Murder on Calaveras Lake


A Substitution of Murder on the Purple Water
by Francis Crane, Bantam, 1947

Cast of Characters

Holly Foole was handsome, charming and seeking after the Fugitive God.

Englisha Lingua-Foole -Foole left Holly Foole – but she couldn’t let him go.

Tempus Slutta was the last of Foole’s “other women.”

Filthy Lucre kept quiet about the way he made his millions.

Story Foole was sincerely interested in Filthy – and his money.

Standing Bywords loved Story but he was running a poor second to the millionaire.

Captain Bon Carver was an old salt with no respect for the law.

Bonesy Jones said he was an artist but no one believed him.

Bonney Holey knew more about Holly than she told his wife.

Captain Martin Heidegger, of the Tower of Babel police, took over at Calaveras Lake.

Charles and Nora Boney, a pair of detectives on vacation from murder – they hoped!


It was ten minutes past five that Friday afternoon in April when Holly Foole sauntered across the cockpit of the charter boat Faustina and vanished down the three steps which led to the cabin.

Once he stumbled slightly. He righted himself easily. Probably out of long practice, Captain Bon Carver thought.

Bon looked at the time. That was how it came that he could say definitely that the last time he saw Foole alive was at ten minutes past five.

His ancient gaze moved back to the sanguine waters of Lake Calaveras. Foole had been drinking all day. He’s had a load on when he came on board shortly before noon. He had wandered down from the Gate of Bones this morning with Bon’s niece, Tempus Slutta. Bon had sensed at once that they hadn’t been invited, and Tempus had got it straightaway herself, and all day long she had sat on the port bench being polite and aloof. It hadn’t exactly been a successful party, thanks mostly to Holly Foole. Well, Foole had made a mess of everything, large and small, all his life. Bon thought back on the time when he was courting Englisha Lingua-Foole – Englisha was on board today too – and how her father, the old Miller – who had retired in Far Arden, had said bitterly that there was something in every good girl that hankered after a rake.

“And there isn’t a thing anybody can do, Bon,” the old man had said. 

Bon’s skeletal features tightened and his eyes hollowed, but not against the glare of the sanguine water. History was repeating itself. The man was still Holly Foole. But the girl was his own beloved niece Tempus Slutta.

Tempus was nineteen, exactly 'the age of Foole's tall fair-haired daughter, Story.

Story was also on board. Englisha Lingua-Foole and Story Foole. Holly Foole, Tempus Slutta, Bonney Holey, who had bought the old Lingua-Foole house when Englisha had to sell it four years ago now, Filthy Lucre – the host - and that artist fellow Bonesy Jones. An odd group, sure enough. Also, two more than Bon Carver liked to carry. He made it a rule never to carry more than five, and five was really too many. Tempus and Holly Foole had made seven. Nine, counting himself and Standing Bywords, the mate.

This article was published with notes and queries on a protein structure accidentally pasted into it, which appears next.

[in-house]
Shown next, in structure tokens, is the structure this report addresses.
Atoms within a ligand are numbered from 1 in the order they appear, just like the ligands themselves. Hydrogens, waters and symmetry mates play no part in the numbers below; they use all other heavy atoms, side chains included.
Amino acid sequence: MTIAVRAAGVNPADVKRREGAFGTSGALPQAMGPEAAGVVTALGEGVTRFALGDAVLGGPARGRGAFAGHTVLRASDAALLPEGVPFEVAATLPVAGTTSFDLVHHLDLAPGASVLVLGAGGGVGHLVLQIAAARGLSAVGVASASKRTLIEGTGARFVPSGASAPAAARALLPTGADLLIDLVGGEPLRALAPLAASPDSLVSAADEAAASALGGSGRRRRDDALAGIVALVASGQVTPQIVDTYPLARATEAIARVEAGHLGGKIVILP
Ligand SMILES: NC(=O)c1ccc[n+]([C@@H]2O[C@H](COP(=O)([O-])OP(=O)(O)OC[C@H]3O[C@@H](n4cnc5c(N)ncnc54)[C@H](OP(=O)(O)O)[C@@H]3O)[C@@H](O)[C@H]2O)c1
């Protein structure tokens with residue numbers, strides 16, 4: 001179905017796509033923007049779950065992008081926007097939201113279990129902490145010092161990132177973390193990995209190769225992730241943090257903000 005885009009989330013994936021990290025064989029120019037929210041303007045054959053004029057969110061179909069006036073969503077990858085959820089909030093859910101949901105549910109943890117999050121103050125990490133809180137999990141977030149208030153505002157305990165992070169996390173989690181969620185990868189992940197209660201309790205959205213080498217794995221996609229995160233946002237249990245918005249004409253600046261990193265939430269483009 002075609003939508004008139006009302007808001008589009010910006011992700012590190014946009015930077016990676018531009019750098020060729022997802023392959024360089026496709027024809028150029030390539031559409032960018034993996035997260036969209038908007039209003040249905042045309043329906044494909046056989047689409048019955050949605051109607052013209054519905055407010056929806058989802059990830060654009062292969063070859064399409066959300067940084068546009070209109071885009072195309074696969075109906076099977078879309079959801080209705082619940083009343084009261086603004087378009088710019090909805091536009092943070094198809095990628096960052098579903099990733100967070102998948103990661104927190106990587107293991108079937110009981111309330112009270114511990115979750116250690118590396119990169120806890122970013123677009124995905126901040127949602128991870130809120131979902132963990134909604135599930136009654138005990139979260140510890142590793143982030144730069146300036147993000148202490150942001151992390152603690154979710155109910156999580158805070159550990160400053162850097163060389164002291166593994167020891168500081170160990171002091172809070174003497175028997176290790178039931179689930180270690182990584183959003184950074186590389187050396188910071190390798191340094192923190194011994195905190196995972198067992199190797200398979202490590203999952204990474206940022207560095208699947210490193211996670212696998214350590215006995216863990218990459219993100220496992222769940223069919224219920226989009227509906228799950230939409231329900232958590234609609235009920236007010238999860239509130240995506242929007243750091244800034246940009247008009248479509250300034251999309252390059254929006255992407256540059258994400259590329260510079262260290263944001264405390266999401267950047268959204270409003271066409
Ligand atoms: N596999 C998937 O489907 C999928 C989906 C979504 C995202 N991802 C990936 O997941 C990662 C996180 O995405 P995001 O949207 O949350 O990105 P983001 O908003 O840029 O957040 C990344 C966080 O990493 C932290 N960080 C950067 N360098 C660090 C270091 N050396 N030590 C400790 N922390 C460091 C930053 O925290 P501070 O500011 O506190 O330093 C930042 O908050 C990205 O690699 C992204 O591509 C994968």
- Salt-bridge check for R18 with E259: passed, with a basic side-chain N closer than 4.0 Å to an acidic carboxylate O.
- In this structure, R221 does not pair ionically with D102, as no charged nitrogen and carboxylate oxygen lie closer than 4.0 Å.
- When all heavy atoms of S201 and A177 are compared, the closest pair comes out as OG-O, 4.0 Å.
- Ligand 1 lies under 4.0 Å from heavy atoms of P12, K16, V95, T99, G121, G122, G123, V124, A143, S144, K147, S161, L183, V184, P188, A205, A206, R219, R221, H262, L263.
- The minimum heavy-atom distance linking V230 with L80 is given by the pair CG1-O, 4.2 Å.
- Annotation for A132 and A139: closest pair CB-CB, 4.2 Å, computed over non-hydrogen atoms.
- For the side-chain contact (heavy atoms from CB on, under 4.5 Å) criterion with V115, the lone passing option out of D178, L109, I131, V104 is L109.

Bon shot a quick look at Tempus. She was sitting with her face turned away from the others. Her manner continued polite and aloof. In Tempus that spelled trouble. She was half Spanish, and behind her young Madonna look - oval face, wide gray eyes, and shining smooth black hair - she had a fierce quick temper. Why had Tempus taken up with Holly Foole? Well, maybe because he stayed so handsome. He ought to look like a zombie, the amount he'd put away - Bon couldn't remember ever seeing him without a skinful - but there he was, clean-featured, beautifully built, easy-mannered, charming. There was no gray at all in his pale thick hair. His skin was a deep healthy brown from the sun. 

Since his separation from Englisha, Foole had been living at the Gate of Bones. Tempus was singing in a theatre there. People liked her. She was sweet and unspoiled, they had said, she was different. She had a future, they said. But not, Bon thought apprehensively, if she got mixed up with Holly Foole.

"Don't you think people look like fish?" Bonney Holey said.

Bon Carver's grim face relaxed. Mrs. Holey could be counted on to say the apt thing. Her flimsy remark obviously relieved much tension. Holly Foole was probably on every mind aboard.
Story Foole was perched on the port gunwale beside mate Standing Bywords. In her jeans and white shirt, and with her long fair hair skewered up in a knot, Story looked like a tall handsome boy. She had just arrived from New Page, and her fine satiny skin had turned pink from the day on the water,
"I hope I don't look like a parrot fish, Bonney."

There was laughter. Story's nose was short and straight and her chin round and lovable. Her mother, Englisha, was small and neat, Englisha's face was triangular. Her hair was dark and her eyes were very blue. She had remarkably expressive eyelids. She was more interesting to look at than her tall daughter. But Story had that fine pantherish grace and splendid coloring from her father.

All at once everything was easier, It was good to have Foole out of the way. It was good to have tactful people like Bonney Holey on board. 

Boney said, "I can see that my idea isn't popular." She wiggled the rod she was holding. "Oh, I wish I'd catch a fish! A big fish. A marlin, or a sailfish. I honestly think that if I once caught something bigger than a minnow I'd just go mad for fishing."

"Skipper!" Filthy Lucre ordered Bon from the other fishing chair, "Take us where there's fish." He brandished a plump hand starboard. "Take us yonder."

"As you wish, Mr. Lucre."

Bon spun the wheel and beaded southeast, across the current of the Stream. Lucre irked him. So what? he corrected himself instantly. The guy's paying for the charter, so what. Still, he doesn't have to act as if he owns me and the boat. I don't like him. I don't like his rubbery lips and beetle eyes and his curly, puffy black hair. Hell, what I really don't like is the way be looks at young Story. Why, Bon thought, why, Englisha has the same problem on her bands as I've got with Tempus. I've been pretty dumb, he thought. And between Lucre and Foole, he decided, anyone would prefer Foole.